What Is a W-8 Form?
W-8 forms are Internal Revenue Service (IRS) forms that foreign individuals and businesses must file to verify their country of residence for tax purposes and certify that they qualify for a lower rate of tax withholding.1 Although the W-8 forms are issued by the IRS, they are submitted only to payers or withholding agents, not to the IRS. Failure to submit the form may result in a withholding at the full 30% rate that applies to foreign entities.2
There are five W-8 forms. The version of the form used is determined by both whether or not the filer is an individual or a business and the nature of the income the filer received. The forms are effective for the year in which they are signed and three calendar years afterward. Therefore, a W-8BEN signed on Sept. 1, 2020, would be valid through Dec. 31, 2023.1
The W-8 series forms are fairly complex. Though they require basic information such as name, country of origin, and taxpayer identification number, they also ask for the contacts from which the filer is receiving the reported income. A professional is often consulted to assist in completing them.3
- W-8 forms are generally filed by persons or business entities who receive income in the U.S., though one form in the series, Form W-8IMY, is used by intermediaries that receive withholdable payments on behalf of a foreigner or as a flow-through entity.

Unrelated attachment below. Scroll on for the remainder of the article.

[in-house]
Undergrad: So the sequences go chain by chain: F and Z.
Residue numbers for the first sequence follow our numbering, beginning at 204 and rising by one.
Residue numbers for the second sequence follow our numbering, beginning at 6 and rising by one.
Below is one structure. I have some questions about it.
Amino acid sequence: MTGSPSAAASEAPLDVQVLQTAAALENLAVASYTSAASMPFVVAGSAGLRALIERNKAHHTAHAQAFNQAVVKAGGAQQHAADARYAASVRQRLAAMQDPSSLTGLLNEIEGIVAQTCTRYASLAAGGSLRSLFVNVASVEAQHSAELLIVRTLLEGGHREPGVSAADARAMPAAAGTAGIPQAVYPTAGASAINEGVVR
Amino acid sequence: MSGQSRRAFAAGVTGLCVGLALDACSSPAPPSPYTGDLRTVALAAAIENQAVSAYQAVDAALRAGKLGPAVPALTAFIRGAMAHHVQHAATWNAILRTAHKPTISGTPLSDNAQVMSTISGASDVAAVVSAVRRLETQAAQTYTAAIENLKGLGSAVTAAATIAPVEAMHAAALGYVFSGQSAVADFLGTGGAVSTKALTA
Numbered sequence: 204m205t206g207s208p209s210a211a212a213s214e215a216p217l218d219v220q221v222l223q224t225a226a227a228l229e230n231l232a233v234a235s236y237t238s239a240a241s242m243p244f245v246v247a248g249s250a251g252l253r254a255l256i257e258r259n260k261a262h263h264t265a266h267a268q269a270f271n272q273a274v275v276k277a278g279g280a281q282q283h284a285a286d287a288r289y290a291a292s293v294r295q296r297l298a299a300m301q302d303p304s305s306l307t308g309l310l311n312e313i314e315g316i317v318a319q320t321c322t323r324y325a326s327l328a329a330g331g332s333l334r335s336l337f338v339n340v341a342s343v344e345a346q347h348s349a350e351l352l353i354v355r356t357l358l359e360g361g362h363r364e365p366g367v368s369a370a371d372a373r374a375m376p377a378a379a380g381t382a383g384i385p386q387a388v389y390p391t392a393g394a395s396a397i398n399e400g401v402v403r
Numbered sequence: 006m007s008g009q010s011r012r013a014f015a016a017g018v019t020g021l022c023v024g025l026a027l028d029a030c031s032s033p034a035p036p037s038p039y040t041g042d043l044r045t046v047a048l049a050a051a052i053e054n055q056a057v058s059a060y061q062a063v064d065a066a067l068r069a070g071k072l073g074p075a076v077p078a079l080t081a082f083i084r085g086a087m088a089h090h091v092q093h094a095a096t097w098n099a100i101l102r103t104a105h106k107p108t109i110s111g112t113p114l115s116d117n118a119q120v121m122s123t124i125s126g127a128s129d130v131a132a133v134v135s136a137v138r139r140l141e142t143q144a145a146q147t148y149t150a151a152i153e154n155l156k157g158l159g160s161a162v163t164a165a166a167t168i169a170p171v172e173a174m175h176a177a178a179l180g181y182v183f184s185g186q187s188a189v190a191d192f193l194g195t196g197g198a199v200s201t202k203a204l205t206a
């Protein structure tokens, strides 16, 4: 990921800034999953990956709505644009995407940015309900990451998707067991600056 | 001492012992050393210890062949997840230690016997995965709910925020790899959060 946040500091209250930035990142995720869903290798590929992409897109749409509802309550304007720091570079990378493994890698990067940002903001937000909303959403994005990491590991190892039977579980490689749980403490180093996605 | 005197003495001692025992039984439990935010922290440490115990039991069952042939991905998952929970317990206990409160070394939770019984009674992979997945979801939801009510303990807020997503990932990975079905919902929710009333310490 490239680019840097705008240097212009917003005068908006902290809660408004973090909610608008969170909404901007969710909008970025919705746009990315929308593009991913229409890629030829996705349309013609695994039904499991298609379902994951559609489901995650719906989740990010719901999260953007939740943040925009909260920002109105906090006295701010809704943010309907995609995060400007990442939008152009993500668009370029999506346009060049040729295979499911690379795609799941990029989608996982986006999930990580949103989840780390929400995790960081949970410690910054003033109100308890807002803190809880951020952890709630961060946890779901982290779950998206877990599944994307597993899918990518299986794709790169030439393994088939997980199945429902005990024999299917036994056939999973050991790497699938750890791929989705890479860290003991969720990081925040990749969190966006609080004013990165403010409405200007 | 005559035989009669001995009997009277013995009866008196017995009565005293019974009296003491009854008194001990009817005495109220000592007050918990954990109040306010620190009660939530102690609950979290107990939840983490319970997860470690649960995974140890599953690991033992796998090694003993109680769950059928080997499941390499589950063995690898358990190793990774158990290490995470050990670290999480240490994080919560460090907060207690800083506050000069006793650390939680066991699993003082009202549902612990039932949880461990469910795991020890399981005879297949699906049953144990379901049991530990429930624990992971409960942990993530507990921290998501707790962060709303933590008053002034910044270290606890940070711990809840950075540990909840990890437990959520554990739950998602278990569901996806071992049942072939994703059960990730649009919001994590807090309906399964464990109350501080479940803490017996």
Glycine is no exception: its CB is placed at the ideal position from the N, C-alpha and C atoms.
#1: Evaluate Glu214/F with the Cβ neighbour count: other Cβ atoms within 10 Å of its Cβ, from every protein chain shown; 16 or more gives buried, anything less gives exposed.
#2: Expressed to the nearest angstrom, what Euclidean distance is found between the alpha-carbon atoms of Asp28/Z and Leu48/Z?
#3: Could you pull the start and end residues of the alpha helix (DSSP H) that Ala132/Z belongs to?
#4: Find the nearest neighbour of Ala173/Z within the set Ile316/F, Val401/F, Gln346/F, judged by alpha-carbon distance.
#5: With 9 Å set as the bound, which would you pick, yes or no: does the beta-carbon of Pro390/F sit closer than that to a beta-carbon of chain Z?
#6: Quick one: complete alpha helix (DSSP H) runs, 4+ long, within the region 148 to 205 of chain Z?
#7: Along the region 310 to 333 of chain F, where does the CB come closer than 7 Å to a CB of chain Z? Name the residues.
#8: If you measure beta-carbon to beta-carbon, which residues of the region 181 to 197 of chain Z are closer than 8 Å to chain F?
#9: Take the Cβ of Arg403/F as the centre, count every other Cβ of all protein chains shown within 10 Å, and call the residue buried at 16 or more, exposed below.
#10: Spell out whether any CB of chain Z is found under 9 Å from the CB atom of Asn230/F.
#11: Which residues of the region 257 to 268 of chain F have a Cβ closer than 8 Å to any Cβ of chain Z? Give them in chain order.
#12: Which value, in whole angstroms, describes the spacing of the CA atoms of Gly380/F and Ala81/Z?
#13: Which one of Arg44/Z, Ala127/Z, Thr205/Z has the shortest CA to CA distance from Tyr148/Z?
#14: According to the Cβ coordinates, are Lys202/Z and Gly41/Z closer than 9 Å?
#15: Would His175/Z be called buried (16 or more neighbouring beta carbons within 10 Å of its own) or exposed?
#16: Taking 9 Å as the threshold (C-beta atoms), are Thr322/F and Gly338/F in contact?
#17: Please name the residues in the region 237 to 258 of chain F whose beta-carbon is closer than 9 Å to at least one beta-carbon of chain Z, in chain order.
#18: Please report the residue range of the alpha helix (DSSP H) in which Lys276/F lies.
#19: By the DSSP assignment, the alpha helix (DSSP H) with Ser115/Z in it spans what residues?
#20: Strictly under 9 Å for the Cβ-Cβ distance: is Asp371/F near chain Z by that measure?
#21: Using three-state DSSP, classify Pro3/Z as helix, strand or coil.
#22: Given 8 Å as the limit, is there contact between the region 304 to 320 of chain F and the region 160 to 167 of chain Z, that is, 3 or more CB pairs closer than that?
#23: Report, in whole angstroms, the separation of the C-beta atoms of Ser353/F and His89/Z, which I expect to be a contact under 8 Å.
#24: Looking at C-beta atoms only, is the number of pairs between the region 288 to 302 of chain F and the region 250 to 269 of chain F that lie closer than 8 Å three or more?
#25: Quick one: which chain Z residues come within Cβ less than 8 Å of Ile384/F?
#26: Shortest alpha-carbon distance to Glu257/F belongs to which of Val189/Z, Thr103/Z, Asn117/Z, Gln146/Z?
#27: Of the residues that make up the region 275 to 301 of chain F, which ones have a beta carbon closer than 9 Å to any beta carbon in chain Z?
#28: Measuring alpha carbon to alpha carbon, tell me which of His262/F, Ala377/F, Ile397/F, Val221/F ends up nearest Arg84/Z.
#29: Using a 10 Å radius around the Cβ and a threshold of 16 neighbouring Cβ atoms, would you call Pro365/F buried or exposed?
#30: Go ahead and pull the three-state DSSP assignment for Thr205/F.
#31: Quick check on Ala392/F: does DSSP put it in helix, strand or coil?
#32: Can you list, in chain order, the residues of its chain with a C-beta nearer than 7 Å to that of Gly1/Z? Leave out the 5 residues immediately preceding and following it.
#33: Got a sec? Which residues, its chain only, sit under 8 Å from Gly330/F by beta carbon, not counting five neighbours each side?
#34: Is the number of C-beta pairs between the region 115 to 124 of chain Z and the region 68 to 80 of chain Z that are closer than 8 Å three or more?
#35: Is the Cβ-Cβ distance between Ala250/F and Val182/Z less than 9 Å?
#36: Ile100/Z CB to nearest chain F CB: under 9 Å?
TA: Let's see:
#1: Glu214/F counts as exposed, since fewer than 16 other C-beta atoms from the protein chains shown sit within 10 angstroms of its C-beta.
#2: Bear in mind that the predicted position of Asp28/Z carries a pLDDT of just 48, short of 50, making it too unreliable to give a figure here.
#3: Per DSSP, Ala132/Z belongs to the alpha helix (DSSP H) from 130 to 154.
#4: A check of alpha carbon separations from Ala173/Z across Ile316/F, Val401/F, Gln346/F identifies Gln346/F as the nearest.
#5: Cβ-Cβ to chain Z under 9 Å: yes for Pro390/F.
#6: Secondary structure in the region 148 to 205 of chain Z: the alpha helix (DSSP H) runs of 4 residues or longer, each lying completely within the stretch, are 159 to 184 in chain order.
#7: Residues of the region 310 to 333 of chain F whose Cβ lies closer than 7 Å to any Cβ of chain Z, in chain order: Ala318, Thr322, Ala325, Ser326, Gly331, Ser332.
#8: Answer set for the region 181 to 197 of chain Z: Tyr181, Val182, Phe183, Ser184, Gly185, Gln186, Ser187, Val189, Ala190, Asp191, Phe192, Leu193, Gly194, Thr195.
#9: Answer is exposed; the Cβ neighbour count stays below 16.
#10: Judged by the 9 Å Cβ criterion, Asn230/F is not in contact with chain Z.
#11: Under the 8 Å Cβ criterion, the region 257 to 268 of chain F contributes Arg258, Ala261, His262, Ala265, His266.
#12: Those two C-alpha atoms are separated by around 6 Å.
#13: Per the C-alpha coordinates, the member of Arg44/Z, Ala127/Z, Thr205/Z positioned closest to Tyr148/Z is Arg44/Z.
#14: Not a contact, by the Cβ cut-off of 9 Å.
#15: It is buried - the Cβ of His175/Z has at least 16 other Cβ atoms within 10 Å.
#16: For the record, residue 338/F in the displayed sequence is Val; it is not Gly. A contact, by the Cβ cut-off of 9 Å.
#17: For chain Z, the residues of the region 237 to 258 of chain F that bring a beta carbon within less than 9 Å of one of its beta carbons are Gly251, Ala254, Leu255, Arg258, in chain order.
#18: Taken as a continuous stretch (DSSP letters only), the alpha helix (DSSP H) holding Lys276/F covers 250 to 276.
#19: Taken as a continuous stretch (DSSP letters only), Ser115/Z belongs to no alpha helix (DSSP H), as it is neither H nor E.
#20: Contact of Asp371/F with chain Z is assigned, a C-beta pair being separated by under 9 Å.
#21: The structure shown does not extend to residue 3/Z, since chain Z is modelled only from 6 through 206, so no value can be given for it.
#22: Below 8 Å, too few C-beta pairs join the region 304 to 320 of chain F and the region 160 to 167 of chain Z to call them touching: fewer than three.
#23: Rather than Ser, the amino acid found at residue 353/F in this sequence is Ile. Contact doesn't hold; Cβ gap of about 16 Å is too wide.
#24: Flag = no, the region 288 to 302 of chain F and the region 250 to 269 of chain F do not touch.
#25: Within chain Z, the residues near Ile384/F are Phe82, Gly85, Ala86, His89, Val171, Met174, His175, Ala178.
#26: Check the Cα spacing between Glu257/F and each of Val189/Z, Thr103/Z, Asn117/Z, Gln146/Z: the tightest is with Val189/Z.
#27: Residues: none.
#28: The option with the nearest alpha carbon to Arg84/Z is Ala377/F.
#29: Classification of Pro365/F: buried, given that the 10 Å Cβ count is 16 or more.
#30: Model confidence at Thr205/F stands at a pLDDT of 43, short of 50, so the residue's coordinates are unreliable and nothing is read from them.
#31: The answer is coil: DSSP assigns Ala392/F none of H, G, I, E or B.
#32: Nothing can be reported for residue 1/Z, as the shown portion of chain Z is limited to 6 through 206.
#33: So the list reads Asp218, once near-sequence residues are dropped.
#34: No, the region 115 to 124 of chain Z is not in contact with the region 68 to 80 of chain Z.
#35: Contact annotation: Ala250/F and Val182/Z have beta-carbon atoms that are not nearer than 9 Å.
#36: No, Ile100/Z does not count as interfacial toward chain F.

- There are five W-8 forms. Determining which one to use comes down to whether you’re an individual or an entity, the type of income you receive, and whether you’re an organization that qualifies for special tax treatment.
- All W-8 forms are valid for the year in which they are signed and for three full calendar years after that.
Form W-8BEN (“Certificate of Foreign Status of Beneficial Owner for United States Tax Withholding and Reporting”) must be submitted by foreign persons who receive certain types of income in the United States. The form, sometimes referred to as a “certificate of foreign status,” establishes that the individual is both a foreign person and the beneficial owner of the business in question.
Form W-8BEN is available on the IRS website.4
Foreign individuals are ordinarily subject to a tax rate of 30% on specific types of income they receive from U.S. payers, including:
- Compensation for services rendered1 1
The form also helps you claim a reduction or an exemption from the U.S. tax withholding if you reside in a country with which the United States has an income tax treaty and the income you received is subject to that treaty.